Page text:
1. re: ospreycove

                              i'd venture the guess that iluv is quite aware of the history of yiddish, and wasn't asking for a lecture.

                              1. re: linguafood

                                Thank you linguaf, I guess I was out of line.....Please excuse me.

                                1. re: ospreycove

                                  I found it interesting, I don't know much about yiddish.

                                2. re: linguafood

                                  I grew up in NYC, a product of Italian and Eastern European heritage. My first job was in a kosher-style bakery. Helen, the owner, taught me to count and give pricing in Yiddish to the old-timers, a few of whom still bore the numbers from their time in concentration camps. So while I am far from fluent, this dying language is not lost on me.

                                  I post on the Manhattan board from time to time and often recommend good deli for those who ask. It saddens me that this one-time NYC staple is slowly dying out. So when the good Mr. Sax inscribed my book, I felt like he knew exactly the right word to describe me.

                        2. I tell people I'm obsessed with food. I don't need labels.

                          1 Reply
                          1. re: uwsister

                            As a wise man once told me: "Every label is a libel."

                            1. food geek.

                              i love gastronaut and foodnik...though for some reason seeing those two words together makes me think of a Russian space station. freeze-dried MREs, anyone? ;)

                              1 Reply
                              1. I have no problem with the word. There are many others that I take offense to, but one that allows me to enjoy food, fine with me.

                                1. No problem with foodie. I actually don't like being referred to as a chowhound -NO OFFENSE TO ANYONE -because that's too much like being part of an exclusive club to me. even though i'm on here night and day, i still feel like i'm not a true chowhound, whatever that means. In the end, though, it's just a word, and if it means I like eating, cooking,looking at, reading and talking about good food, you can call me it.

                                  14 Replies
                                  1. re: mariacarmen

                                    mc, i'm not sure any there's a one-size-fits-all definition for *precisely* what a "true" Chowhound is, because i think it means different things to each of us. but IMHO, you, my dear most definitely are one...and i mean that as a compliment.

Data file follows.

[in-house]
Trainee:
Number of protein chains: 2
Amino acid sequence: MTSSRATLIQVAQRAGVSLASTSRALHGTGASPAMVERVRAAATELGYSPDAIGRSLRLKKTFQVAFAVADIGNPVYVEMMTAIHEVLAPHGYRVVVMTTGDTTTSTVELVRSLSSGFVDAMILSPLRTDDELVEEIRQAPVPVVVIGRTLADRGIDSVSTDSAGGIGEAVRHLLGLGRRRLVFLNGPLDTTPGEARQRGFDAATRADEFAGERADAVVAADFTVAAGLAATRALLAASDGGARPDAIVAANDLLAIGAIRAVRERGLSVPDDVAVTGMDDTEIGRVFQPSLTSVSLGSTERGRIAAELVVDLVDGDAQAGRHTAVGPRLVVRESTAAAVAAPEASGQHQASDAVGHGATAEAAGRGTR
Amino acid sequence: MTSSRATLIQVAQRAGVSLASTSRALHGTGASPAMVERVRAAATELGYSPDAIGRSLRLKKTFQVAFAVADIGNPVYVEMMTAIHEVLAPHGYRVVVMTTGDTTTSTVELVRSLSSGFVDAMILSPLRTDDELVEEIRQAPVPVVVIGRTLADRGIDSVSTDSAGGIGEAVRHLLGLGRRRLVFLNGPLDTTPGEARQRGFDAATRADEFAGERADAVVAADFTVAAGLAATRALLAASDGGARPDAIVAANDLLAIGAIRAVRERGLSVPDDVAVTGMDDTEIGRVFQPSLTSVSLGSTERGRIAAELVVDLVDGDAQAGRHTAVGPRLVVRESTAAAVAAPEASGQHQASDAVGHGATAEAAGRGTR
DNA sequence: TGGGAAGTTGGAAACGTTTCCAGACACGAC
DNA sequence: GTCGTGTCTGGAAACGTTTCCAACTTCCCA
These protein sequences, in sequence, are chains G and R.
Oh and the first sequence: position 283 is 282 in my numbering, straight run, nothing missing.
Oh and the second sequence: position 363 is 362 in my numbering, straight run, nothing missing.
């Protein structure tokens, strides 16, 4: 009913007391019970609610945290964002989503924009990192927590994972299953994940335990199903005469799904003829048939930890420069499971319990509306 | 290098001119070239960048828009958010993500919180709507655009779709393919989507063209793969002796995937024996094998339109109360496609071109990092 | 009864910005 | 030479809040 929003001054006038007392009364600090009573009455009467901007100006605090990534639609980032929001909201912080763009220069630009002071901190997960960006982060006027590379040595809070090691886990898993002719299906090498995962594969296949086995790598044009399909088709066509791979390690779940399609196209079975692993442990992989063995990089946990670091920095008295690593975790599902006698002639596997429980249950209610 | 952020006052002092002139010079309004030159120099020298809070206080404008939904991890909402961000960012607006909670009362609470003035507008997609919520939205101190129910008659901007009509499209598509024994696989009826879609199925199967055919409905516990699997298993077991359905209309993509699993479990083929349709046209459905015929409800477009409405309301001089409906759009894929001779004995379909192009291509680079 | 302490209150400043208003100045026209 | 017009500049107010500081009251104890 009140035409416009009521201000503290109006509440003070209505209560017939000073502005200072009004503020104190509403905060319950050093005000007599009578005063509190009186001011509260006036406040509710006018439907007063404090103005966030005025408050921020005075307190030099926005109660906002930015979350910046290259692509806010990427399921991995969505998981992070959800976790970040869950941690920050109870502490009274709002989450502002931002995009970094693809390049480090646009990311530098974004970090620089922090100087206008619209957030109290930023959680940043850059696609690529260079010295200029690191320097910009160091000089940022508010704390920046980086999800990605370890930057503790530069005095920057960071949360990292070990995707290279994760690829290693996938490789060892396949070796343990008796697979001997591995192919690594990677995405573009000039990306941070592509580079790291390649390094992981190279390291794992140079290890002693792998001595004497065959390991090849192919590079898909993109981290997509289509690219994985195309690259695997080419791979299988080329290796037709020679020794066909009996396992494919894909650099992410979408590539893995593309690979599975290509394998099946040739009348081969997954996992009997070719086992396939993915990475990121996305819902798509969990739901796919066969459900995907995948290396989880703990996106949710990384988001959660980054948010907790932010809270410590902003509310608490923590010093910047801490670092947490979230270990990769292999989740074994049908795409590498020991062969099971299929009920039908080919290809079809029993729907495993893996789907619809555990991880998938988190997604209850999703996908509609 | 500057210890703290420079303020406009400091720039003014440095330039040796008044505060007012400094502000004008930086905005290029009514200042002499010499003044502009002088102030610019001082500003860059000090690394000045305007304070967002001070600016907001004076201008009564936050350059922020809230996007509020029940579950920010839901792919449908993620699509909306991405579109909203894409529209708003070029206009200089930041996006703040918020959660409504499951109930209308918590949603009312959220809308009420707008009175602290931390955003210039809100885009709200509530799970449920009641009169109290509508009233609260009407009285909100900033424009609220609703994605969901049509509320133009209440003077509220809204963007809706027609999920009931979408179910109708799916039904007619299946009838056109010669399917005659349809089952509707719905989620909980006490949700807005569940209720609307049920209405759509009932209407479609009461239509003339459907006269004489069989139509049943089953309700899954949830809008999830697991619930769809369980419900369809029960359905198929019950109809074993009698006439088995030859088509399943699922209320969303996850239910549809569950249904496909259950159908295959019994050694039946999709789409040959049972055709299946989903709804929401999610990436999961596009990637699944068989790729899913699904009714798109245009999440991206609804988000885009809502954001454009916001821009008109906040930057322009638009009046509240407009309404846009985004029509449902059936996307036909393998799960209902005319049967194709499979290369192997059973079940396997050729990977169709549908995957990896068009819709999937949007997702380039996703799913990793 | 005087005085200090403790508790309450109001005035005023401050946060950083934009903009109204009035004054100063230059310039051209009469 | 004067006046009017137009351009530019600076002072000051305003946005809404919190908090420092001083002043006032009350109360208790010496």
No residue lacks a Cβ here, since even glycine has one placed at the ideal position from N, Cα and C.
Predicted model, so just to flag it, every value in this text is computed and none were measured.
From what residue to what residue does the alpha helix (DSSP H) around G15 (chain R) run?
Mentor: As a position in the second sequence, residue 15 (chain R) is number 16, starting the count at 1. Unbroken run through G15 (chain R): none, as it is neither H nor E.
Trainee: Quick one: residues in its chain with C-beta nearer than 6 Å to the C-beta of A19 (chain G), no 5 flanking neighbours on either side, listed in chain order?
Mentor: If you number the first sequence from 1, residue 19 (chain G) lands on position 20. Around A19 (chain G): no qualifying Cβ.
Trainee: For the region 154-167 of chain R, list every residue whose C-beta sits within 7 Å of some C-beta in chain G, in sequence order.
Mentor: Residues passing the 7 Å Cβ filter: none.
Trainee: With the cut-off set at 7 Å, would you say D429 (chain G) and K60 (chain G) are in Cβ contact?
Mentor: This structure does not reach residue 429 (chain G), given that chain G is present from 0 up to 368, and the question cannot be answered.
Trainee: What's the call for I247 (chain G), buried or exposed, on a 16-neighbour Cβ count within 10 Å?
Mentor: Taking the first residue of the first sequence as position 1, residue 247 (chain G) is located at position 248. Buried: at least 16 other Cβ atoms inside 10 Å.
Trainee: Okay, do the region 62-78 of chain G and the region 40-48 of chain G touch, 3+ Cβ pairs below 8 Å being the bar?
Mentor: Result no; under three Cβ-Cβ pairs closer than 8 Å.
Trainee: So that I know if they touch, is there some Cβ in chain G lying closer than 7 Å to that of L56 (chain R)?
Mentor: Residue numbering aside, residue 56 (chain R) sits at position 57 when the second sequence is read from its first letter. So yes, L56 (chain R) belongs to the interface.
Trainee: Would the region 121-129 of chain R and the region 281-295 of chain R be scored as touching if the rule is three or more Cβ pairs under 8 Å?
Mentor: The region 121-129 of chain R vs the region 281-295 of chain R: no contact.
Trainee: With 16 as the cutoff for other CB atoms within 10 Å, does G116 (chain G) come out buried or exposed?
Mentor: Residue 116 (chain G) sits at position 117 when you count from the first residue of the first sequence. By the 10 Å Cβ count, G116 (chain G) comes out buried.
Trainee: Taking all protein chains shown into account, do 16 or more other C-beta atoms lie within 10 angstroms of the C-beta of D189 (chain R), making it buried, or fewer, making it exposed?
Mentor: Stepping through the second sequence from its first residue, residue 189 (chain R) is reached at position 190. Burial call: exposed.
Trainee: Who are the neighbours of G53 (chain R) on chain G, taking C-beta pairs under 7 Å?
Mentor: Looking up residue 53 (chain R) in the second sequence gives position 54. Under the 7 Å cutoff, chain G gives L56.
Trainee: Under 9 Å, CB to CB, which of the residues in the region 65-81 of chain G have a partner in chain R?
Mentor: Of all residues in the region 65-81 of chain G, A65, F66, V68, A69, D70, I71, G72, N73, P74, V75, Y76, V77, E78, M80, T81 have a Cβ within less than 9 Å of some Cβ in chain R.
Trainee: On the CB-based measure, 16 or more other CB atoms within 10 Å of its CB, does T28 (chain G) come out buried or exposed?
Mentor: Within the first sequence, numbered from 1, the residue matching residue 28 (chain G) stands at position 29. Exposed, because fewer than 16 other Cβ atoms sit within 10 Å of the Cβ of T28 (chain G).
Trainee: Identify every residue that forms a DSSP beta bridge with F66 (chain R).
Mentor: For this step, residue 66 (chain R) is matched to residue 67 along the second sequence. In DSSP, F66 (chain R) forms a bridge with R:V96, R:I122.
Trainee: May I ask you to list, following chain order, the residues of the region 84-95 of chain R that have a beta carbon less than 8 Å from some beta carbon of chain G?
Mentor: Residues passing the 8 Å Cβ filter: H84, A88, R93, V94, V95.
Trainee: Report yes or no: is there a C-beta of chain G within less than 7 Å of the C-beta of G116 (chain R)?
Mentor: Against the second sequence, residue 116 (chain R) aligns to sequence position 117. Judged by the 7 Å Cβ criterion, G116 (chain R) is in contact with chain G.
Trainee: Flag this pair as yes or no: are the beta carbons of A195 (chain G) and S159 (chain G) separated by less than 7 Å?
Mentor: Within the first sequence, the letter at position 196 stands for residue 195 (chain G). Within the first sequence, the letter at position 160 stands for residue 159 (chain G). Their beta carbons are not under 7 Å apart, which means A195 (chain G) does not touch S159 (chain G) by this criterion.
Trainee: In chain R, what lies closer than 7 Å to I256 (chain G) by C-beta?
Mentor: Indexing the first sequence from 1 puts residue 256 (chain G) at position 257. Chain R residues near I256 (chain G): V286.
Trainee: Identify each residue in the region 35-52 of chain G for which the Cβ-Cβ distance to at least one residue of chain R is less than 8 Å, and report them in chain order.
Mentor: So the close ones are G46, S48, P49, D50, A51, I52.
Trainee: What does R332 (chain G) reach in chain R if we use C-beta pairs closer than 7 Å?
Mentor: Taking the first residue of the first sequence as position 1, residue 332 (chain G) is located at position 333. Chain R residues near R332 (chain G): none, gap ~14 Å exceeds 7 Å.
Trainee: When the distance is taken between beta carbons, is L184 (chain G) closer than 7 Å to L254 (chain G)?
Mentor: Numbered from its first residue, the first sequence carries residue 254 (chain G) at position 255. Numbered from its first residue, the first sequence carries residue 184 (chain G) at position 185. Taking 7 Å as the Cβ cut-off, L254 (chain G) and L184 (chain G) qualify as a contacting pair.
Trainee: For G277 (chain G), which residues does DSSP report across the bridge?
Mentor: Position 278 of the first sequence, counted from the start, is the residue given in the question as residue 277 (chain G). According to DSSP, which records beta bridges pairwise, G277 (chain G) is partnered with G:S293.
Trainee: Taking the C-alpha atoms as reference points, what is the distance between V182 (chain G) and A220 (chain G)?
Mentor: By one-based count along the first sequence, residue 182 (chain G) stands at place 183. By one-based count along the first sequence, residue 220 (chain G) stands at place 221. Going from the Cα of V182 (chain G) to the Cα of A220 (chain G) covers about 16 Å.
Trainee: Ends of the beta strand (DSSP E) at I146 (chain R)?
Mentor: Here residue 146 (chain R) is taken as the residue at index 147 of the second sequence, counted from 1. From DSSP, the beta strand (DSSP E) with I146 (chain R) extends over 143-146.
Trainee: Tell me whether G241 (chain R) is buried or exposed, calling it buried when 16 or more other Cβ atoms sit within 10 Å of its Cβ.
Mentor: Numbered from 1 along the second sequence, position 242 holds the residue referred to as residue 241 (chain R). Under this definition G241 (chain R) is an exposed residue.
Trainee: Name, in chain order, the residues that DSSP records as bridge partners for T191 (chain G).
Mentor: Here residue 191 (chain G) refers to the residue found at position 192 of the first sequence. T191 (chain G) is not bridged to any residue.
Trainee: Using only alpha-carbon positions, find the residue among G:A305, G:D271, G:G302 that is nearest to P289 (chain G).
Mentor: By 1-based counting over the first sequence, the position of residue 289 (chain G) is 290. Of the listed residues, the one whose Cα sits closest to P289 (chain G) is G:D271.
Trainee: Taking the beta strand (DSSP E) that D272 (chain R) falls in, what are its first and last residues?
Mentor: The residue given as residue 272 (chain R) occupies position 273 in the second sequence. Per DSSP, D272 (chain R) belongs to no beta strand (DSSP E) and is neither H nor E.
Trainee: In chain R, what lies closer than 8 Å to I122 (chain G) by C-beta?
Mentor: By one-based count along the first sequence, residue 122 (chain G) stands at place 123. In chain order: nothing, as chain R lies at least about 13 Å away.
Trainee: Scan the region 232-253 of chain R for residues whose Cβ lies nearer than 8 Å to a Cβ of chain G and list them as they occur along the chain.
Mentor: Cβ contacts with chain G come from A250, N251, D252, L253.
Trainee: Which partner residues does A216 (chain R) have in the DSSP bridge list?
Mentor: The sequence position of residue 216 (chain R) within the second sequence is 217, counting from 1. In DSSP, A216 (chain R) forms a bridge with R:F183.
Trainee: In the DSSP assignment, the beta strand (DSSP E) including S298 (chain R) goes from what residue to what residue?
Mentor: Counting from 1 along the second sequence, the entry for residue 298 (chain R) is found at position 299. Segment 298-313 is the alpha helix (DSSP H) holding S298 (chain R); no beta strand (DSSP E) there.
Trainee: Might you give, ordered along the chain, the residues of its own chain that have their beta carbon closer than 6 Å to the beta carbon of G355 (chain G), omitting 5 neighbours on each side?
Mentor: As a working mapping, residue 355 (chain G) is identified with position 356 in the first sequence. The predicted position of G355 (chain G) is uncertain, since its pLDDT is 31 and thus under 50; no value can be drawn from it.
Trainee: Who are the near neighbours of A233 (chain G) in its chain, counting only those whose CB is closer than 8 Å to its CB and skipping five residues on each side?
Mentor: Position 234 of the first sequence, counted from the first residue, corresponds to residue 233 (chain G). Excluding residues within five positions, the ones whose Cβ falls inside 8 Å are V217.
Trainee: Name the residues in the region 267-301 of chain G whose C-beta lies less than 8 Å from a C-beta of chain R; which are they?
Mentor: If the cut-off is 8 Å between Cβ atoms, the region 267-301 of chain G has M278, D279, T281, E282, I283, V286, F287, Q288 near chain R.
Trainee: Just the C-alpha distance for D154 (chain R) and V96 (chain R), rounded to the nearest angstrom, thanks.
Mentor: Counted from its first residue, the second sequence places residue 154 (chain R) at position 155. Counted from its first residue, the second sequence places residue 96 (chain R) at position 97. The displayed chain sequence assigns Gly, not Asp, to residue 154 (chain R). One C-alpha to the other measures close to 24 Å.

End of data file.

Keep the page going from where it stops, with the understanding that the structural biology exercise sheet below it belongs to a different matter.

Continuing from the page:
i only refer to myself as a Chowhound *here* on CH, because i don't think the term is used all that much beyond these boards and most people wouldn't get what it means.

                                    my issue with foodie is that people often conflate it with food snob, and i don't think of myself as elitist, nor do i like the idea that others might see me that way.

                                    1. re: goodhealthgourmet

                                      well thanks GHG! quite something, coming from you, and i'm flattered. I often feel i'm not "serious" enough to be a CH, but as you say, there are all stripes and sizes of CHers. and you're right, i do notice that foodie often means food snob. which i certainly can be at times, even while being still relatively unlearned in the culinary universe. Yikes - that describes the worst kind of food snob! i try not to express my food pretensions too much.

                                      1. re: goodhealthgourmet

                                        I really don't have a problem with others thinking me a food snob or food elitist when I describe myself as a foody. At least they readily understand something about me, even if it is not completely accurate.

                                        I also happily own up to having some snobbish and/or elitest tendencies when it comes to food - I know very few people in "real life" who devote as much time and effort towards food as I do. And I certainly know no-one prepared to spend the sort of money on high quality restaurant meals that I am. Of course, folk are going to think that snobbish and elitist - and it is difficult to disagree with the analysis. However, the people who "don't get" me spending a whole week's pension on a Michelin 2* meal (as we did last week) are also the same people who "don't get" me having a dirt cheap curry lunch in a backstreet asian cafe in the city centre.

                                        1. re: Harters